How Erdogan’s Turkey became a peacemaker

Replacement troops for the Russian Airborne Brigade in Uglievick, Bosnia - Herzegovina  in Task Force Eagle during Operation JOINT ENDEAVOR (the multi-national peacekeeping mission in Bosnia) arrive at Tuzla Air Base and prepare to exit the plane and begin their tour of duty.

On 29 March,, very serious peace talks took place in Istanbul, in the Ottoman palace of Dolmabahce, between Russian and Ukrainian belligerents. They were opened by the Turkish president himself. Recep Tayyip Erdogan’s opening speech was applauded by the two delegations, who stood face to face along a large rectangular table.

Once castigated for his dangerous neo-Ottoman activism in the Arab-Muslim world, the Turkish autocrat has become a peacemaker in the eyes of the world.

The Istanbul talks, held at the level of advisors to the warring presidents, obviously did not settle everything. But they did allow progress to be made on the hypothesis of Ukraine’s future neutrality and they saw the Russian delegation announce the “reduction of its military activity towards Kiev” – which was done.

It does not matter that Russia wanted to pass off a military fiasco as a diplomatic concession. What matters is that the Ukrainian capital can now breathe and that the Kremlin has abandoned its plan for regime change in Ukraine, which it curiously called “denazification”. It seems that the Russian war plan is now focused on the east of the country, and that it boils down to taking on the Ukrainian Maginot Line built since 2015 in the face of the secessionist territories of Donbass.

After the losses they have suffered, the Russians cannot be seen to be giving up on improving the future security of the two self-proclaimed republics whose independence they have recognised, nor can they be seen to be giving up their meagre territorial conquests, namely the city of Kherson (which guarantees Crimea’s water supply) and the port of Mariupol (which will turn the Sea of Azov into a Russian lake). 

If the Ukrainian and Russian presidents were ever to meet face to face (as President Zelensky has requested) it would most likely be somewhere on Turkish territory. This is an undeniable diplomatic success for Erdogan.

When Russian tanks entered Ukraine on 24 February, who would have imagined that Turkey would become the main conciliator in this fratricidal war between Orthodox Slavs? No one could have guessed. Turkey landed the role because it is liked by both belligerents, but also because it has achieved a remarkable diplomatic refocusing since the summer of 2020. 

Turkey is liked by the Ukrainians, not only because it called the Russian military aggression “unacceptable”, but also because it delivered Bayraktar TB-2s to them well before the conflict began.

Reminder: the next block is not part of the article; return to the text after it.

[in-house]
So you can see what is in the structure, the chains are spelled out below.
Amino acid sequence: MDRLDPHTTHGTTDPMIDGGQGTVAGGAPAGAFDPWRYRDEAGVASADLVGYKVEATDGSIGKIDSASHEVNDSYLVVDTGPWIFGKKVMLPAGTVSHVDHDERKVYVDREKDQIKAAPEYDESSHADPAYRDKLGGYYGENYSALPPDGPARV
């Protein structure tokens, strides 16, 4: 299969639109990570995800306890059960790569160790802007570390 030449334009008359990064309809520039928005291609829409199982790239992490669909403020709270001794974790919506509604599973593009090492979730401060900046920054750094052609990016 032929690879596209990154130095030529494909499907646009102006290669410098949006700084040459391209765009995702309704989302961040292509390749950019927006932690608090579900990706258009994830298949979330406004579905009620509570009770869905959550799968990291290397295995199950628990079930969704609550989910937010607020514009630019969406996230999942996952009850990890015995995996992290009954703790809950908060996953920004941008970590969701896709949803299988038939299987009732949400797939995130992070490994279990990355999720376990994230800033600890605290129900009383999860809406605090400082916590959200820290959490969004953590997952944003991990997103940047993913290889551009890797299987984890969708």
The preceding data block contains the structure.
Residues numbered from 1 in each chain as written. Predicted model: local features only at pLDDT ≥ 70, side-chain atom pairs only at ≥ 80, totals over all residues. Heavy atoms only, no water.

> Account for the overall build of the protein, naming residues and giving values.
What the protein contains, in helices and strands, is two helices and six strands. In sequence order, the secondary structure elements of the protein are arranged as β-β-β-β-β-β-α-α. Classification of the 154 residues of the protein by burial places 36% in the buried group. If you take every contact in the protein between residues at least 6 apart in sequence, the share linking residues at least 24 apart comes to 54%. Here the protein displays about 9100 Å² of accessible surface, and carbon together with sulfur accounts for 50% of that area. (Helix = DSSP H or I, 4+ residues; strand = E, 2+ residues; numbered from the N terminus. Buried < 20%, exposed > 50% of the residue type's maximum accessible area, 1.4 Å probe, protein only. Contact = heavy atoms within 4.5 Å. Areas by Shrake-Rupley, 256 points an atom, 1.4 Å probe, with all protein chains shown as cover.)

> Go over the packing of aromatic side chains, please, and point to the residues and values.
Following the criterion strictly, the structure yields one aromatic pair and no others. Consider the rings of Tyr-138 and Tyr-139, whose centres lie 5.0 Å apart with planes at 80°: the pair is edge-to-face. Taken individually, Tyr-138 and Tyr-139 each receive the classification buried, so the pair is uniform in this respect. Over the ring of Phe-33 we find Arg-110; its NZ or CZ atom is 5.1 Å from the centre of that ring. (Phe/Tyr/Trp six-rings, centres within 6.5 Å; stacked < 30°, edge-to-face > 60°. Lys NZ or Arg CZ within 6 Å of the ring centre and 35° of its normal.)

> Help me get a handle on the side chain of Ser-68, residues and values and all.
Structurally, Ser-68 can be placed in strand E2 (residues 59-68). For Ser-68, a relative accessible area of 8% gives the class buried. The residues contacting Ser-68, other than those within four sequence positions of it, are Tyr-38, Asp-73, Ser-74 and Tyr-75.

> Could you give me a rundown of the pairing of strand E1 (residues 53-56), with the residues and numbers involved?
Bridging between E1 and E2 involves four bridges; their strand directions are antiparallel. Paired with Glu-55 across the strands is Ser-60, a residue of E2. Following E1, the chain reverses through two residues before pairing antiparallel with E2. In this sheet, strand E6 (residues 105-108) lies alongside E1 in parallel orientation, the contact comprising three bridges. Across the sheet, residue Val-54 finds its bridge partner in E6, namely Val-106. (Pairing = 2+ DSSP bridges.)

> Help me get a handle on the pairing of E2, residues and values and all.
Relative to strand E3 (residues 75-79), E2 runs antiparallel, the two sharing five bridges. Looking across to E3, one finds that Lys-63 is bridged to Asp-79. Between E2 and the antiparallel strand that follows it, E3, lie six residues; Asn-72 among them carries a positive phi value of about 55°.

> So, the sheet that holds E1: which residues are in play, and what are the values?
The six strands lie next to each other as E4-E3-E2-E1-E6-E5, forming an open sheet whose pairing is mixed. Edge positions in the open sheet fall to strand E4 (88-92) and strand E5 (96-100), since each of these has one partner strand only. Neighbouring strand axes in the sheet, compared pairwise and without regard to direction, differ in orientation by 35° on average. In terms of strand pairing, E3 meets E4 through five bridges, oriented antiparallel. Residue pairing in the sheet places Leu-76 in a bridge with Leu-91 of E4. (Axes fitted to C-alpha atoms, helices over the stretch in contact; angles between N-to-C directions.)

These armed drones, designed by President Erdogan’s son-in-law, proved to be extremely effective in the war Azerbaijan won against the Armenians in September 2020 in Nagorno-Karabakh. Together with the American Javelin anti-tank missiles, they wreaked havoc on the armoured columns of the Russian invaders. 

But Erdogan has also managed to maintain good relations with Putin, refusing to join the European and American sanctions against Russia. Turkish Airlines is the only airline in the Nato area that still flies to Moscow.

This is why Erdogan was heard by Putin when he called him on 27 March to propose Turkish mediation. The two leaders, who share the same aversion to Western-style human rights, have a sometimes stormy relationship. They have clashed, through local militias, in Syria and Libya. But they get along well on a personal level, ever since Putin warned Erdogan in July 2016 that a military plot was being hatched against him in Turkey. 

Strikingly, the two autocrats have followed divergent paths over the past year. Putin has become more radical and bunkerised. Erdogan has refocused and opened up to the world. Turkish successes in Libya and the Turkish-Azerbaijani victory in September 2020 against the Armenians of Nagorno-Karabakh have not made the Turkish president drunk.

He has reaped his successes and then coolly examined his past diplomatic failures when he claimed, at the beginning of the Arab Spring in 2011, to unite under his banner the entire Arab-Muslim world in revolution. He has calmed his hubris. He reconciled himself with the Egyptians and the Emiratis, who are the Arabs who fight the Muslim Brotherhood most fiercely. He reconciled with Israel, receiving Israeli President Isaac Herzog in Ankara with great pomp and circumstance on 9 March 2022. 

The Pharisees of geopolitics will wonder if the new Erdogan is sincere or just clever. It does not matter. What really matters is that Turkey now prefers making peace to making war.  

This article was first published in Le Figaro. 

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